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In pediatric obstructive sleep apnea (OSA), the relationship between rapid eye movement sleep and upper airway collapse, and between sleep position and airway dimensions are well known. However, the interrelations between these factors and the obstructive apnea hypopnea index (O-AHI) have not been thoroughly investigated.
This article was published in the following journal.
Name: International journal of pediatric otorhinolaryngology
Although mixed sleep apnea (MSA) is one of the three types of sleep apnea, it is not considered a separate disease entity. It is generally seen as a part of obstructive sleep apnea-hypopnea syndrome (...
Obstructive Sleep Apnea (OSA) contributes to all-cause mortality. An American Academy of Sleep Medicine task force is focusing on improving detection and categorization of OSA symptoms and severity to...
Obstructive sleep apnea (OSA) predominantly during rapid eye movement (REM) sleep may have impacts on brain health, even in milder OSA cases. Here, we evaluated whether REM sleep OSA is associated wit...
Childhood obstructive sleep apnea-hypopnea syndrome (OSAHS), the most common sleep-related breathing disorder, may lead to cognitive impairment. This study aims to investigate the association between ...
Systematically compare four criteria for Positional Obstructive Sleep Apnea (POSA) based on AASM 2007 and 2012 hypopnea scoring definitions.
The hypothesis of the study is the following: Patients with sleep apnea-hypopnea syndrome have different pattern in the secretion of hormones. The chronic sleep disorganization that suffe...
The role of drug-induced sleep endoscopy (DISE) in the management of obstructive sleep apnea hypopnea syndrome (OSAHS) is not precisely defined for children. The primary objective of this ...
The purpose of this study is to evaluate the long-term durability of the treatment and safety of the Provent device for those individuals who were enrolled in the C009 study, were diagnose...
The primary objective of the Sleep and Stent II is to determine the prevalence of REM-OSA in DM versus non-DM patients undergoing clinically indicated PCI. The secondary objectives are to...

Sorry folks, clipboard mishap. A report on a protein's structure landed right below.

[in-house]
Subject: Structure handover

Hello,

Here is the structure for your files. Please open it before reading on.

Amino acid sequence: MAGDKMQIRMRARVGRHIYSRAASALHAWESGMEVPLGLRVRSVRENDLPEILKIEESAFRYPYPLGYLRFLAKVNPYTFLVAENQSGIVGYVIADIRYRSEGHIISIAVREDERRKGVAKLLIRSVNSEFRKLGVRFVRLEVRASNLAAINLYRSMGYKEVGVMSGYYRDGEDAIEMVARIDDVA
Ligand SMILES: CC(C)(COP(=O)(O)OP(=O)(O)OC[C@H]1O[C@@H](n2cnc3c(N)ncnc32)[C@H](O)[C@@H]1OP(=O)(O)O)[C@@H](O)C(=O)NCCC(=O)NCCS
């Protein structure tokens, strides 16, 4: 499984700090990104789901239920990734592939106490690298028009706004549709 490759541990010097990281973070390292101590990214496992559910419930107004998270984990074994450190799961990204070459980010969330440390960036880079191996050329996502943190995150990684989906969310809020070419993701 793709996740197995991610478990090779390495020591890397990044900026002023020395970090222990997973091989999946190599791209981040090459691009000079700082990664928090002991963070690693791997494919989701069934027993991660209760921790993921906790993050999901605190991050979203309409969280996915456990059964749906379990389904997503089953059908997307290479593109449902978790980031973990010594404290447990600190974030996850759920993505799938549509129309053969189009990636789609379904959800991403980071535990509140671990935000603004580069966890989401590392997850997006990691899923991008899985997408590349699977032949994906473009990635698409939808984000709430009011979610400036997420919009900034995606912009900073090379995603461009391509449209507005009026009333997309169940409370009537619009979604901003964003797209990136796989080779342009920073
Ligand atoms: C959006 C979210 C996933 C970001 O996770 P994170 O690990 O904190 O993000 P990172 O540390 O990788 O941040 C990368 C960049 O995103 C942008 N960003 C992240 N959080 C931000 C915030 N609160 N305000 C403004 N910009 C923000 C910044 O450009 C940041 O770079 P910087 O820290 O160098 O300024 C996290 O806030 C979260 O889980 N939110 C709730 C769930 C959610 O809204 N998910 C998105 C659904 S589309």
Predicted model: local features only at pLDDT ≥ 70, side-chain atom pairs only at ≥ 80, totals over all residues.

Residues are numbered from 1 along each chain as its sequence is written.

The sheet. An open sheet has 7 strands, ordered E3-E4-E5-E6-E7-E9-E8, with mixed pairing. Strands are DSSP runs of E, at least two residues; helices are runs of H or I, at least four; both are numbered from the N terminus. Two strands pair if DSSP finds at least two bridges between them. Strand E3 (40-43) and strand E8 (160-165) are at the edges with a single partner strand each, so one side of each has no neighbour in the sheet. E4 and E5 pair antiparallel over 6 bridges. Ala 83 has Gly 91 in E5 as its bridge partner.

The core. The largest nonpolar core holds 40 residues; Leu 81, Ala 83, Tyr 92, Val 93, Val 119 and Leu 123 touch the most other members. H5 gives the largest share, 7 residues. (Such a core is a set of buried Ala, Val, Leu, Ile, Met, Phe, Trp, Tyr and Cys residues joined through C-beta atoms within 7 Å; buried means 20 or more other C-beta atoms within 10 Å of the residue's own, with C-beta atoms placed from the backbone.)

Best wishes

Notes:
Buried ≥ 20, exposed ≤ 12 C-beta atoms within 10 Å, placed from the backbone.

The purpose of the study is to compare the relative contribution of systemic inflammation vs. Obstructive Sleep Apnea (OSA) severity (as measured by Apnea Hypopnea Index) in predicting car...
A condition associated with multiple episodes of sleep apnea which are distinguished from obstructive sleep apnea (SLEEP APNEA, OBSTRUCTIVE) by the complete cessation of efforts to breathe. This disorder is associated with dysfunction of central nervous system centers that regulate respiration. This condition may be idiopathic (primary) or associated with lower brain stem lesions; chronic obstructive pulmonary disease (LUNG DISEASES, OBSTRUCTIVE); HEART FAILURE, CONGESTIVE; medication effect; and other conditions. Sleep maintenance is impaired, resulting in daytime hypersomnolence. Primary central sleep apnea is frequently associated with obstructive sleep apnea. When both forms are present the condition is referred to as mixed sleep apnea (see SLEEP APNEA SYNDROMES). (Adams et al., Principles of Neurology, 6th ed, p395; Neurol Clin 1996;14(3):611-28)
Disorders characterized by multiple cessations of respirations during sleep that induce partial arousals and interfere with the maintenance of sleep. Sleep apnea syndromes are divided into central (see SLEEP APNEA, CENTRAL), obstructive (see SLEEP APNEA, OBSTRUCTIVE), and mixed central-obstructive types.
Dyssomnias (i.e., insomnias or hypersomnias) associated with dysfunction of internal sleep mechanisms or secondary to a sleep-related medical disorder (e.g., sleep apnea, post-traumatic sleep disorders, etc.). (From Thorpy, Sleep Disorders Medicine, 1994, p187)
Periods of sleep manifested by changes in EEG activity and certain behavioral correlates; includes Stage 1: sleep onset, drowsy sleep; Stage 2: light sleep; Stages 3 and 4: delta sleep, light sleep, deep sleep, telencephalic sleep.
Movements or behaviors associated with sleep, sleep stages, or partial arousals from sleep that may impair sleep maintenance. Parasomnias are generally divided into four groups: arousal disorders, sleep-wake transition disorders, parasomnias of REM sleep, and nonspecific parasomnias. (From Thorpy, Sleep Disorders Medicine, 1994, p191)
Sleep disorders disrupt sleep during the night, or cause sleepiness during the day, caused by physiological or psychological factors. The common ones include snoring and sleep apnea, insomnia, parasomnias, sleep paralysis, restless legs syndrome, circa...
Pediatrics is the general medicine of childhood. Because of the developmental processes (psychological and physical) of childhood, the involvement of parents, and the social management of conditions at home and at school, pediatrics is a specialty. With ...